Still, the movie’s worth watching if you’re a fan. I appreciate fanservice as much as anyone else, and it’s fun to see learn what became of people like Gia and Vinnie Van Lowe and Madison Sinclair and Dick Casablancas after an interval of ten years (actually, Dick was the only character who legitimately gave a decent performance).

I actually do like the characters in GIRLS (except for Adam…god, I hate him)

I would not be unhappy if this character were to suddenly die.
I would not be unhappy if this character were to suddenly die.

I recently made a Facebook post about the HBO series, Girls, which prompted a ton of people to chime in and say that they can’t stand the show. Now, that is an opinion which makes sense. The characters in Girls are uniformly pretty shallow and self-absorbed.

But I cannot share that opinion. I think the show is very funny and emotionally affecting, and that the characters are quite relatable.

Maybe the show doesn’t work if you can’t recognize yourself within it. But I am pretty sure that if someone were to film most of the conversations that occur around me and screen them for the benefit of an outside audience, then it would be obvious that there’s an element of grandiosity  and lack of self-awareness that is a natural result of human beings’ tendency to think they’re way more important than they are. To other people, your life means absolutely nothing. But to you (and, to a lesser degree, your friends), it is everything. That’s exactly what Girls both mocks and celebrates.

Anyway, I’ve very much enjoyed the third season. The second half of the second season was way too dark for me. The life of the main character, Hannah, was seriously off the rails. It’s not fun or funny to watch someone fall into the grip of OCD. This season has dialed that back, and some of the lightness has returned.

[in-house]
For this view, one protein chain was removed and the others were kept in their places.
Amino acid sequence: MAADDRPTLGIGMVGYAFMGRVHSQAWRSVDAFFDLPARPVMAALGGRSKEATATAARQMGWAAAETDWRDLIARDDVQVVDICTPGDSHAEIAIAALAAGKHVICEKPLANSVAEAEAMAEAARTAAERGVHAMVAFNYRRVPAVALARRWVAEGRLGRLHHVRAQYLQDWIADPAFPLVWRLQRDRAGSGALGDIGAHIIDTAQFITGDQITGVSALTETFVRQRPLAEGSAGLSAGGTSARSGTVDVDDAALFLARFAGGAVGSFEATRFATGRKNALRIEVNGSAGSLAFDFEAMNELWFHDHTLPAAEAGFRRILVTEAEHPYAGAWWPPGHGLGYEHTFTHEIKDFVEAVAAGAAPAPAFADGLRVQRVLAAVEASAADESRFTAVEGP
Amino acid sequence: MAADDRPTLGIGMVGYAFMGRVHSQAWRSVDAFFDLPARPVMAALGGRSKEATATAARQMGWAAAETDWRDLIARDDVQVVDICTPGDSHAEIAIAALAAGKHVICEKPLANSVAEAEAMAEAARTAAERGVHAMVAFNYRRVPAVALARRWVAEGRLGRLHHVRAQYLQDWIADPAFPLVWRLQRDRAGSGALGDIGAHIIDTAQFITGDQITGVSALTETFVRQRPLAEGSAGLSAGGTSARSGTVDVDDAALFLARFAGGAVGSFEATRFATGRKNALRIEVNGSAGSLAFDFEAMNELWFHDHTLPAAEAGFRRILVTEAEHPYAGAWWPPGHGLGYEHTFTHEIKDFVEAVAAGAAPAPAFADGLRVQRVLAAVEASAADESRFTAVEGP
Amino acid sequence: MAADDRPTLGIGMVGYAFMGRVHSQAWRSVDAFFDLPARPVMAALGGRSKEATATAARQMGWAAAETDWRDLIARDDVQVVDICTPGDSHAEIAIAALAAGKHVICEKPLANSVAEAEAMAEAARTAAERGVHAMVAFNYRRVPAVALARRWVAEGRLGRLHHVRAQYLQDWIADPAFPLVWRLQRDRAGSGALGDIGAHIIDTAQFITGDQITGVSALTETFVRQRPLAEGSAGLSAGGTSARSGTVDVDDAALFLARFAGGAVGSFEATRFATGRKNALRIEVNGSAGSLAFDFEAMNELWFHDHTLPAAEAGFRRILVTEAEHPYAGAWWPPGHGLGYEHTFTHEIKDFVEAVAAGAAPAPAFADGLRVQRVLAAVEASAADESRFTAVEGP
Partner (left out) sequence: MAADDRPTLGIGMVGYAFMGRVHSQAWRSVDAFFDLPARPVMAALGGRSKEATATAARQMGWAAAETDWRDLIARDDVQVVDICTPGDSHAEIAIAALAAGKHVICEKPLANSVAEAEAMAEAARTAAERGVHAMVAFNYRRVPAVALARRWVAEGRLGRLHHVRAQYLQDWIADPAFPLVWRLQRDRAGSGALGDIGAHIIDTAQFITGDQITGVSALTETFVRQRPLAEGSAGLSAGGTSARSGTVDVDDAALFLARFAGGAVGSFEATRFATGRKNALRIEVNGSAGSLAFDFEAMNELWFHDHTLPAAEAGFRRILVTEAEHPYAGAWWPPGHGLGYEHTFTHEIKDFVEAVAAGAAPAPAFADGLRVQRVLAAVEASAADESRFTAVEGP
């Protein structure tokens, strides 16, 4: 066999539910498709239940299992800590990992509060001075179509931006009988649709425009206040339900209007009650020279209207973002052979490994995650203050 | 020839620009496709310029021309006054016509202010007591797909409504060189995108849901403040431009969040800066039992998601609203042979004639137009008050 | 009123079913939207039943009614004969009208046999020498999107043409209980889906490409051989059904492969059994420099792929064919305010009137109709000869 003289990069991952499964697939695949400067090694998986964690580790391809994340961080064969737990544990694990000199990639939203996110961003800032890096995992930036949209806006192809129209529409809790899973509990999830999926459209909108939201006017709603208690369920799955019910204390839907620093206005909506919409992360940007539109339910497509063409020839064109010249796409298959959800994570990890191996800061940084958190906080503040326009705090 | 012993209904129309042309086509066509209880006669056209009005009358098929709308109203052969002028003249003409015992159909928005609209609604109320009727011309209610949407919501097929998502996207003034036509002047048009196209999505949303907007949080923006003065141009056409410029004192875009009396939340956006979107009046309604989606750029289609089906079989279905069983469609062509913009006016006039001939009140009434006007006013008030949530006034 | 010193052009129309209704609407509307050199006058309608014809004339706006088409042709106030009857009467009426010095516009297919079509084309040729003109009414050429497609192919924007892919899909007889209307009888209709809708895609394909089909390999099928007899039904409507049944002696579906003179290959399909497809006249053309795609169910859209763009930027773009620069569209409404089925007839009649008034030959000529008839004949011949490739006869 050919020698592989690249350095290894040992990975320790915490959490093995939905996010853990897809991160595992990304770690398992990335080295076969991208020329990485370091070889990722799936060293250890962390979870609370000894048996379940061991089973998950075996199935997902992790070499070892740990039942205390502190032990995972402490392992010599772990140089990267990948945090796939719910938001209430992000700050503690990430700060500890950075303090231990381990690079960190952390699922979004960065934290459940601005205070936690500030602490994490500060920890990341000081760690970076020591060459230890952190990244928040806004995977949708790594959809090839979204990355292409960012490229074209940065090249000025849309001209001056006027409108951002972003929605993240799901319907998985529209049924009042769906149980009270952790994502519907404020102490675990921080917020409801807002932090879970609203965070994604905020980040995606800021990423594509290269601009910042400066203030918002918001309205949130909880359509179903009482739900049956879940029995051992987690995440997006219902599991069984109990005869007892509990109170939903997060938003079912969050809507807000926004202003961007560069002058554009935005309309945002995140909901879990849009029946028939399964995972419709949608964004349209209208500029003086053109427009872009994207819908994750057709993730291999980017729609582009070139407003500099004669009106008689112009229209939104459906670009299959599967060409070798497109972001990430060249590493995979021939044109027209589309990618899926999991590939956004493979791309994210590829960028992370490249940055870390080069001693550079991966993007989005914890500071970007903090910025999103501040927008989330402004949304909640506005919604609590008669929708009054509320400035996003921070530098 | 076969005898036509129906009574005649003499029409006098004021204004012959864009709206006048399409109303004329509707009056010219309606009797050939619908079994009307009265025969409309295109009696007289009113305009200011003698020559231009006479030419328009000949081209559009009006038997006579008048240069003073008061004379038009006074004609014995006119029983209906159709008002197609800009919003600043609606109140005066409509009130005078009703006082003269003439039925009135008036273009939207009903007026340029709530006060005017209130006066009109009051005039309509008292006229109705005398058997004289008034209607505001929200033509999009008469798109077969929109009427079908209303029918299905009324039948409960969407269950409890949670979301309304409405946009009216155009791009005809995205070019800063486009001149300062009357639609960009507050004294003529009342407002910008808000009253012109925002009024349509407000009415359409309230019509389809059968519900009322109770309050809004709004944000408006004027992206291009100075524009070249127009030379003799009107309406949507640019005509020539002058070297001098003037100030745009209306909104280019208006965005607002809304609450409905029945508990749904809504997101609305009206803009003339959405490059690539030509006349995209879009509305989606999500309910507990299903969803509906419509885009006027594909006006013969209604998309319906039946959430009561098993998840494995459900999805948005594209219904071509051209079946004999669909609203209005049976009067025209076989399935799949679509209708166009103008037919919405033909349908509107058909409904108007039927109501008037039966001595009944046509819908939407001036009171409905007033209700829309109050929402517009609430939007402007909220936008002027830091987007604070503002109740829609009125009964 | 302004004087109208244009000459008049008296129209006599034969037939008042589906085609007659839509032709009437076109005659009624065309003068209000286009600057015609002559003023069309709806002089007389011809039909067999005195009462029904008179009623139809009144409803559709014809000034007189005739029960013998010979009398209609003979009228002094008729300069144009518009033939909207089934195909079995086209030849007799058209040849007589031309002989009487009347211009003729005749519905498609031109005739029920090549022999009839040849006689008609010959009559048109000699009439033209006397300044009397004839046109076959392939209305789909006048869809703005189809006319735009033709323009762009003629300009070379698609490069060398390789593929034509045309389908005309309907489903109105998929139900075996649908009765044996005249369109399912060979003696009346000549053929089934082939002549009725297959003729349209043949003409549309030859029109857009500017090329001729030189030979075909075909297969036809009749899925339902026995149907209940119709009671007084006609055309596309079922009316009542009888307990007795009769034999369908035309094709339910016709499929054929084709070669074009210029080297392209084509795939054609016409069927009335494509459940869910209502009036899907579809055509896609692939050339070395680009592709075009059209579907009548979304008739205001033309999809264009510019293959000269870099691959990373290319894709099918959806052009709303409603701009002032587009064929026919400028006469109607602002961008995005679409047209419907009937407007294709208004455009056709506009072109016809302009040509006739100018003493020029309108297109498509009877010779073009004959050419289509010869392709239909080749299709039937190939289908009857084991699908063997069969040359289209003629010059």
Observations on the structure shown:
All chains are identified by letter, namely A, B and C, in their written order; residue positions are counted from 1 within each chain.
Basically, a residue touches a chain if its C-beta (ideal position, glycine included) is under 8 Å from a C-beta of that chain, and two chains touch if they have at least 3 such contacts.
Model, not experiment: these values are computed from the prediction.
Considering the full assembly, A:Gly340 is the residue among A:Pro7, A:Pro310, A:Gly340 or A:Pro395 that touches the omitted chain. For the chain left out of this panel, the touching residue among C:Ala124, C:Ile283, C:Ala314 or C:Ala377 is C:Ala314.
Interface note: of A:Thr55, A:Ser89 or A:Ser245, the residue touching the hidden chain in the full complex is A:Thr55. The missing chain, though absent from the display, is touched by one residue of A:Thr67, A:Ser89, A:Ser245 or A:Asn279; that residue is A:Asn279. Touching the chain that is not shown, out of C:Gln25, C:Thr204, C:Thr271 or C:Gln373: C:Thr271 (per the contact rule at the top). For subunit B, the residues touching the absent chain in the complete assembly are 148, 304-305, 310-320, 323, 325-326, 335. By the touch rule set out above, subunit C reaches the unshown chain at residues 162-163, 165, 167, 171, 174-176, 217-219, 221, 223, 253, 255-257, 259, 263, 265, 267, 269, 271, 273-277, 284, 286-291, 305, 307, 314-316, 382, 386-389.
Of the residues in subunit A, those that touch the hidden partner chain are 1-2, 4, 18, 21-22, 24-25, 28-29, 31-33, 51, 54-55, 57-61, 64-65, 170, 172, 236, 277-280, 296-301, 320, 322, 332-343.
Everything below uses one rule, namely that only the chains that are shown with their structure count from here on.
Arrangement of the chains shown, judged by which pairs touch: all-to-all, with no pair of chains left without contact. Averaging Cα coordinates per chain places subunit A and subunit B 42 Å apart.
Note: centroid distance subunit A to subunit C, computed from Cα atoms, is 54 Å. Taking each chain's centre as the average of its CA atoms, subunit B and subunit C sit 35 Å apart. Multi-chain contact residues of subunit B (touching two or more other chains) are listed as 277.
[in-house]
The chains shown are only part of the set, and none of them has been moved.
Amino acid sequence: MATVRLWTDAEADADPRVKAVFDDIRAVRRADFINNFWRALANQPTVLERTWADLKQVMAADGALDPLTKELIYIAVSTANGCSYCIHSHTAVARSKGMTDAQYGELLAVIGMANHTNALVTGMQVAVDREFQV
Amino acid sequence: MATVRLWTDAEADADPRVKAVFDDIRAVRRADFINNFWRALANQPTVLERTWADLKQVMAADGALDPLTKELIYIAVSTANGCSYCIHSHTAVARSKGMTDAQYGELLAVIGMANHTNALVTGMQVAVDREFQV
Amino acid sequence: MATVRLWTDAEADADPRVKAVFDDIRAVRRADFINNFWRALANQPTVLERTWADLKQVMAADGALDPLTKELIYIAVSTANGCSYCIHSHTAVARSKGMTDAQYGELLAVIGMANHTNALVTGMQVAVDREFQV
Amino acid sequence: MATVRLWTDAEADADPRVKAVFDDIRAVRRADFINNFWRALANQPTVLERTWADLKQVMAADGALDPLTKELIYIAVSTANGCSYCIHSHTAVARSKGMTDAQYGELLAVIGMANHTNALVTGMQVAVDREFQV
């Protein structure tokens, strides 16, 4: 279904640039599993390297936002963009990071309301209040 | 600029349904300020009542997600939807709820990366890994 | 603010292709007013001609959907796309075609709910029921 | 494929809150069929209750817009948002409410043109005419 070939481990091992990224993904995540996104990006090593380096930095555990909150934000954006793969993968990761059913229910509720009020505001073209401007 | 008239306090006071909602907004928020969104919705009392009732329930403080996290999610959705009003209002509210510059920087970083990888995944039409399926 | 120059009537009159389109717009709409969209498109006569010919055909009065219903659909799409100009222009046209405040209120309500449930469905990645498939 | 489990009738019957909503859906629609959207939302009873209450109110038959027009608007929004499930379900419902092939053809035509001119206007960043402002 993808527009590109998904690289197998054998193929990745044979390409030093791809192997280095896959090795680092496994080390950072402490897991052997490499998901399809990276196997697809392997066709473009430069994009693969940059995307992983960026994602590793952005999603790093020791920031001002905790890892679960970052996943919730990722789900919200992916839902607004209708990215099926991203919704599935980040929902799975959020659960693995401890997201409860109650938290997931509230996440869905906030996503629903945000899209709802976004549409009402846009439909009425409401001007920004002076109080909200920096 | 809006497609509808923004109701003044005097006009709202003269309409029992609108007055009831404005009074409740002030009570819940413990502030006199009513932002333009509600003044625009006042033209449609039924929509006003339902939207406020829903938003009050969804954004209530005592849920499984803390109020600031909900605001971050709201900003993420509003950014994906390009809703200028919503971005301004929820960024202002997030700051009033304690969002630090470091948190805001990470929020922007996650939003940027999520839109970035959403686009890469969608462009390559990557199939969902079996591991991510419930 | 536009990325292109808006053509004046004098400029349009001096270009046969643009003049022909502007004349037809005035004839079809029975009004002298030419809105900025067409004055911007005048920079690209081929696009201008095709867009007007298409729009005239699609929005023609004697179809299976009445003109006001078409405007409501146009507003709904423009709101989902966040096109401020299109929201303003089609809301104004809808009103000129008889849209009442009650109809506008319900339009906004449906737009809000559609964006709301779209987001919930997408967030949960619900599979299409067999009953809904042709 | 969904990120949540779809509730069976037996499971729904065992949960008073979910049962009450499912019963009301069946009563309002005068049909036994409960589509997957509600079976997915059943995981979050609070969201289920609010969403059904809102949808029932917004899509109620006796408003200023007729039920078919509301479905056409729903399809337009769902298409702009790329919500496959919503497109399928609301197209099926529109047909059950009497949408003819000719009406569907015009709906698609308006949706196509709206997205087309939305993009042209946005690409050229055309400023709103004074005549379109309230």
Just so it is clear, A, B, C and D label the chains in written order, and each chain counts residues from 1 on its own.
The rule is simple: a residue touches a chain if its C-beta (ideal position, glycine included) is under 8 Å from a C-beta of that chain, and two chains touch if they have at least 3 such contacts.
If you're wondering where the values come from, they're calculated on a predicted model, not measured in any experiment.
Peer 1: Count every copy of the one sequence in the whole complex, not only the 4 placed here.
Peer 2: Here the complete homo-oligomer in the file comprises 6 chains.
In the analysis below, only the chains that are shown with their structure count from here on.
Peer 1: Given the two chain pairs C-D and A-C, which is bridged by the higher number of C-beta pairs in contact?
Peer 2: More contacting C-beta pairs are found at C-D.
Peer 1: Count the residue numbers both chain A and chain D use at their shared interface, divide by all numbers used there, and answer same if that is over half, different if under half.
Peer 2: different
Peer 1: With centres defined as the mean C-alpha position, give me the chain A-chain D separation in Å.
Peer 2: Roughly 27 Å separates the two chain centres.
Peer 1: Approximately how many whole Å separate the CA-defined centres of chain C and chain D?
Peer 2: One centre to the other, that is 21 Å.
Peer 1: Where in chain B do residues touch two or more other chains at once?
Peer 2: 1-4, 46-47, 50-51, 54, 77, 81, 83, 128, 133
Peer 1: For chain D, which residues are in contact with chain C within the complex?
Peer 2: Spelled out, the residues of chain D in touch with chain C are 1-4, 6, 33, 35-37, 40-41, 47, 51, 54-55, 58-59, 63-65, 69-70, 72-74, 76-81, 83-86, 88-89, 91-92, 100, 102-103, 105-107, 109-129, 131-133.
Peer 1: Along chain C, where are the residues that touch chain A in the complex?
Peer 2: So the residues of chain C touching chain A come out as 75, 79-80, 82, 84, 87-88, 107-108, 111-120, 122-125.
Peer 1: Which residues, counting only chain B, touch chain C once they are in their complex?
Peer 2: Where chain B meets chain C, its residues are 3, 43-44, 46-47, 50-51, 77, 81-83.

The one character who I really dislike is Adam. He just seems awful. He gives off a creepy vibe and seems mastered by his sexual obsessions. He lays around Hannah’s apartment, living there rent-free and doing nothing that’s off value. And he also snaps at everyone and is rude to everyone. He’s like an adult eleven-year-old. And he’s got a strange-looking face. There is literally nothing good about him. I think that my feelings about Adam are roughly equivalent to what most people feel about all of the characters in the show, which certainly makes me sympathize more with peoples’ antipathy to it.

The Looney Tunes really are quite unlike most other American mass media.

Looney Tunes -1I just spent two hours in a plane. And for most of that time, the five year old in front of me was watching the Looney Tunes on Cartoon Network, so I (naturally) stared over the top of the seat at his screen and watched along. Which prompted several thoughts. First, the Looney Tunes is extremely resilient! What other American television has endured–not as an art object or through ironic revival or by highbrow appropriation, but as something that’s genuinely enjoyed by ordinary people–for more than fifty years? When I was a kid, I watched Looney Tunes, and when my parents’ generation* were kids, they also watched Looney Tunes, and it’s not at all impossible that my own children will someday watch the Looney Tunes.